THE STORY - After the death of her beloved husband, Marie Curie's commitment to science remains strong as she tries to explain previously unknown radioactive elements. But it soon becomes terrifyingly evident that her work could lead to applications in medicine that could save thousands of lives -- or applications in warfare that could destroy them by the billions.
THE CAST - Rosamund Pike, Anya Taylor-Joy & Aneurin Barnard
THE TEAM - Marjane Satrapi (Director) & Jack Thorne (Writer)
THE RUNNING TIME - 103 Minutes
THE GOOD - A great performance from Rosamund Pike and an interesting examination of what it means to be a woman ahead of her time. Interrogates Marie Curie’s character and work, something few biopics dare to do.
THE BAD - A wildly uneven screenplay that is just as hackneyed as it can be incisive, especially in the early going. Gives off major “The Iron Lady” vibes.
THE OSCAR PROSPECTS - Best Actress, Best Costume Design & Best Makeup & Hairstyling
THE FINAL SCORE - 6/10
Read the FULL REVIEW
By Dan Bayer
With no fewer than three clarifications in one minute that the old woman who looks like Rosamund Pike in (fantastic) old-age makeup is indeed Marie Curie, “Radioactive” doesn’t exactly start with its best foot forward. Thankfully, Marjane Satrapi’s latest film only improves from there, providing a fantastic showcase for Pike that could very well bring her back into the Oscar conversation.
A somewhat paint-by-numbers biopic of Curie, “Radioactive” goes through the most eventful time period of Curie’s life, dealing with her scientific experiments and discovery of radioactivity, and the new elements Radon and Polonium, as well as her marriage to fellow scientist Pierre Curie. For anyone unaware of the details of Curie’s life, the film does a great job of filling in details, and an even better job of explaining the science behind Curie’s experiments. An early scene featuring only Evgueni and Sacha Galperine’s fantastic score is one of the most exciting depictions of scientific experimentation ever put on film and manages the neat trick of being fully understandable in broad strokes without ever stating outright what is going on.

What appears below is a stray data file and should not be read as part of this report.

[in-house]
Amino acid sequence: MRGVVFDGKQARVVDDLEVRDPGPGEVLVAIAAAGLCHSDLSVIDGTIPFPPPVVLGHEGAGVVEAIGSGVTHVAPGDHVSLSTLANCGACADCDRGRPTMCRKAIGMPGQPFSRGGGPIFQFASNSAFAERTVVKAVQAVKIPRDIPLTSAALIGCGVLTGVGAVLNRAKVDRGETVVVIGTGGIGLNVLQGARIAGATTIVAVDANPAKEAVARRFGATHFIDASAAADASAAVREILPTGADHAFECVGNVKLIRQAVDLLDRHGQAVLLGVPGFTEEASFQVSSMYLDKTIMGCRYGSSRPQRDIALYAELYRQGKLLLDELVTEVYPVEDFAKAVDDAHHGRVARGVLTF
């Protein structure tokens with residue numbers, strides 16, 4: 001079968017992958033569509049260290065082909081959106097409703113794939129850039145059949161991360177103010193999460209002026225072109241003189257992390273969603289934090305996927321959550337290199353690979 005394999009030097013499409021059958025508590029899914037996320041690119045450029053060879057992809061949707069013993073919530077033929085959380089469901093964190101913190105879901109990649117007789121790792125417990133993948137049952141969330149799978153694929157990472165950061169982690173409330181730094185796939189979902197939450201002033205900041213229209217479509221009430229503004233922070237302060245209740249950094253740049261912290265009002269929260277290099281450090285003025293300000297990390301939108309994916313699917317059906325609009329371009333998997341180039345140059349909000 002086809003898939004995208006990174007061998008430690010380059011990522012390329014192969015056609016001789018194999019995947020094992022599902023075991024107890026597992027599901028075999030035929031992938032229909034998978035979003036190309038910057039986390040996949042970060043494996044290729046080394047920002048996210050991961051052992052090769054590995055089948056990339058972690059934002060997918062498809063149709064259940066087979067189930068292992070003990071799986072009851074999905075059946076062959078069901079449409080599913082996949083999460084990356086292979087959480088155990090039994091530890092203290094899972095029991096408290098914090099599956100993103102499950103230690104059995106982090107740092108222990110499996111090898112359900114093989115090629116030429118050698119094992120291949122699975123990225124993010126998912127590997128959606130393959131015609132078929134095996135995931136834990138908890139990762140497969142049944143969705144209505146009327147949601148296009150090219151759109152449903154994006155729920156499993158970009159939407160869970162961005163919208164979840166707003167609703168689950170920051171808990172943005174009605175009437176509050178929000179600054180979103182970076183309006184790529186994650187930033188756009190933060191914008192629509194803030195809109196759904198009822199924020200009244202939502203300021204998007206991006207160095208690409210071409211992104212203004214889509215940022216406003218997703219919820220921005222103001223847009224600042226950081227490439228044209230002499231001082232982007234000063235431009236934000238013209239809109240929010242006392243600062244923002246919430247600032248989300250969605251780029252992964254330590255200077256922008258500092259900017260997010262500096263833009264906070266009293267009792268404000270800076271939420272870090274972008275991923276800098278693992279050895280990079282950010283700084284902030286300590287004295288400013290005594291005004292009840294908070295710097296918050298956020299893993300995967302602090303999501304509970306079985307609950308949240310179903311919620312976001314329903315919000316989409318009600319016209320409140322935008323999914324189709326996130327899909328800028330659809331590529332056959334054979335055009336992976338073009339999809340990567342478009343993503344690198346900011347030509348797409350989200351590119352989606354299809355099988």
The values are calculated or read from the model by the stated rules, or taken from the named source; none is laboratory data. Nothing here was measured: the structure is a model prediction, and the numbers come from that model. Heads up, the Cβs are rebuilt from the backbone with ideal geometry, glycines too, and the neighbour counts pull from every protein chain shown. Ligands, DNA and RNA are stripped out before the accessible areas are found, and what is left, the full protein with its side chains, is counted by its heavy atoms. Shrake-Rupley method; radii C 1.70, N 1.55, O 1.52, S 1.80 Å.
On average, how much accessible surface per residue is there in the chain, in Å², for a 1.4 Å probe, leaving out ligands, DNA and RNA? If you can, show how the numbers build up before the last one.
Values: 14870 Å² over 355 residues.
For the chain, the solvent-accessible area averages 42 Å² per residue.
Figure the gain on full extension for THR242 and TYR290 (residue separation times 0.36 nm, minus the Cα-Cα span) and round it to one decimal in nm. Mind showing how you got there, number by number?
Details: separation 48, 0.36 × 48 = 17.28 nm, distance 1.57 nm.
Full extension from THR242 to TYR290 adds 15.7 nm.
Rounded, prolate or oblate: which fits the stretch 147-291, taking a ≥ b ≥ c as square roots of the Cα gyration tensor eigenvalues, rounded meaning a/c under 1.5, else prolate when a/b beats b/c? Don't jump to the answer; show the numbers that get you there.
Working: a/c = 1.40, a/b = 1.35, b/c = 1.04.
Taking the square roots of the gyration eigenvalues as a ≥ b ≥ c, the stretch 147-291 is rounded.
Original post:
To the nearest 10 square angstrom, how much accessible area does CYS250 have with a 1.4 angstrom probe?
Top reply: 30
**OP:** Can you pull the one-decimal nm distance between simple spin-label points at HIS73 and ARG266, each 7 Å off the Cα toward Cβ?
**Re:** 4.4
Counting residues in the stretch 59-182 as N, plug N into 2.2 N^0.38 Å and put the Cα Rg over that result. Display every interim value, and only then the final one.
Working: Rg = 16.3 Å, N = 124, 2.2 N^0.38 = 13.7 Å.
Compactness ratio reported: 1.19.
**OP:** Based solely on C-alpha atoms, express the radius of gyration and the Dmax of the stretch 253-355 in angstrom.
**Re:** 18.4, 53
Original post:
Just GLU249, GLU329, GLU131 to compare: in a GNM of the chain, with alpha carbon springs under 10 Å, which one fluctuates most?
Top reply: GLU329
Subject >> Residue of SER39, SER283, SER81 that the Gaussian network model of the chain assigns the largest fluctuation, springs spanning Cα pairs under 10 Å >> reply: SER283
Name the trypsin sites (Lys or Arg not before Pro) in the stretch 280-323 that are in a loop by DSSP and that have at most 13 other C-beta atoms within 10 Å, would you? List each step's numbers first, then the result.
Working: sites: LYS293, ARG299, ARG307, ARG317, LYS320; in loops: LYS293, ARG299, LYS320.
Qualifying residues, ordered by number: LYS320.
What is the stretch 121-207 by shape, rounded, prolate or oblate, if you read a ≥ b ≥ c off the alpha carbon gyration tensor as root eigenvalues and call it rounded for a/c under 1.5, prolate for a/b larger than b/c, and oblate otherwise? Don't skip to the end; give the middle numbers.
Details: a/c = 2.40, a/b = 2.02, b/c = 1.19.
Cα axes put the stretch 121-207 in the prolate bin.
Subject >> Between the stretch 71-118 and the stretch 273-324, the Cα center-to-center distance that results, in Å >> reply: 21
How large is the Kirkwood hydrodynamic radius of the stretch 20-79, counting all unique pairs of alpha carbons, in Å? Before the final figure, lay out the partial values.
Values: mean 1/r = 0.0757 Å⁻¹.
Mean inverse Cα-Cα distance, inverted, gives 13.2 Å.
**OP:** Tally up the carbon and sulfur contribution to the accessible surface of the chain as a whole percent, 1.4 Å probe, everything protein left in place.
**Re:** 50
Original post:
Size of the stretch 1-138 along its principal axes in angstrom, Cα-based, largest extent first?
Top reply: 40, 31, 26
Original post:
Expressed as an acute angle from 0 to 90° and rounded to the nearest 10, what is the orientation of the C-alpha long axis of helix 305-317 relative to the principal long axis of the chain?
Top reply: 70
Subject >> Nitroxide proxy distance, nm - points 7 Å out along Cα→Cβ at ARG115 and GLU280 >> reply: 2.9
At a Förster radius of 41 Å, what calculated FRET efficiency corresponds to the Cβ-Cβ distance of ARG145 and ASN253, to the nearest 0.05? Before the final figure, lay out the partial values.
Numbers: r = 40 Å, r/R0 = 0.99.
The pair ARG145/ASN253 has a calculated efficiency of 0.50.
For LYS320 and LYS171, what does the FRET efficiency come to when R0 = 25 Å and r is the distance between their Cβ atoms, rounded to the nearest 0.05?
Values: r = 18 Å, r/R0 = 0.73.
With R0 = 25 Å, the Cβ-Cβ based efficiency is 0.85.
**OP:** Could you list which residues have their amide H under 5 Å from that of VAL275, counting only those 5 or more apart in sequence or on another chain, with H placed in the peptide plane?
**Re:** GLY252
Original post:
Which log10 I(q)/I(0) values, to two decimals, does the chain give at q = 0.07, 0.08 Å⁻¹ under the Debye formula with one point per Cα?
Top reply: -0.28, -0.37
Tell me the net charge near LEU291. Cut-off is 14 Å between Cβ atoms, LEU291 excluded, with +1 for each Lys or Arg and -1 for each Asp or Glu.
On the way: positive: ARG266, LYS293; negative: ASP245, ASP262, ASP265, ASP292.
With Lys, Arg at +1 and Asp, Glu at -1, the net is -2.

To the film’s credit, the screenplay (by Jack Thorne from the graphic novel by Lauren Redniss) goes out of its way to avoid becoming hagiography. Marie is presented in full, flaws and all, and the film contrasts big moments in her life with future uses of radiation, most notably Chernobyl and Hiroshima. Unfortunately, those flash-forward scenes are where the screenplay and direction are at their most hackneyed, nakedly preying on our emotions and knowledge of the events. They work as an impactful way of showing that while radioactivity was an incredible scientific find, it hasn’t been all great for humanity, but as shot, they also come across as somewhat tacky.
Rising above all this, though, is Rosamund Pike. As Marie, she gets to show off an incredible range of emotions as well as age several decades. It is a fantastic performance, adding some very welcome and somewhat unexpected humor to the proceedings. Pike understands that Marie’s stubbornness is not only born from being a woman in a man’s world but is simply a part of her personality. She also makes the most of a fantastic scene with husband Pierre after he has given an acceptance speech for the Nobel Prize that Marie believes takes full credit for the work they did together, and the work she did alone. “My main problem,” she frustratedly snipes at Pierre, “is you, and the fact that I love you so utterly.” A film about a brilliant, ahead-of-her-time woman rarely allows the woman to admit that she loves a man and actually does consider putting him above herself, and Pike perfectly captures that dichotomy.
“Radioactive” is a step up from Satrapi’s last film, 2014’s disastrous “The Voices.” Perhaps it’s the graphic novel source material, perhaps it’s her own connection to the material, but her direction (with an assist from Anthony Dod Mantle’s cinematography), is more assured and consistent than it has been since her breakthrough adaptation of her graphic novel “Persepolis.” But even still, “Radioactive” never fully connects. For all that it has a distinctive point of view in the writing, it still feels at many points like any run-of-the-mill BBC Christmastime biopic. The film’s most distinctive choice, a dream sequence that occurs after Pierre’s death, feels like it is from a different film entirely, and perhaps a better one, one that abstracts the Curies’ work even further and delves even deeper into the psychology of someone so brilliant and prickly. But as it stands, “Radioactive” is a fine tribute to a woman who deserves all the recognition she can get for her pioneering work.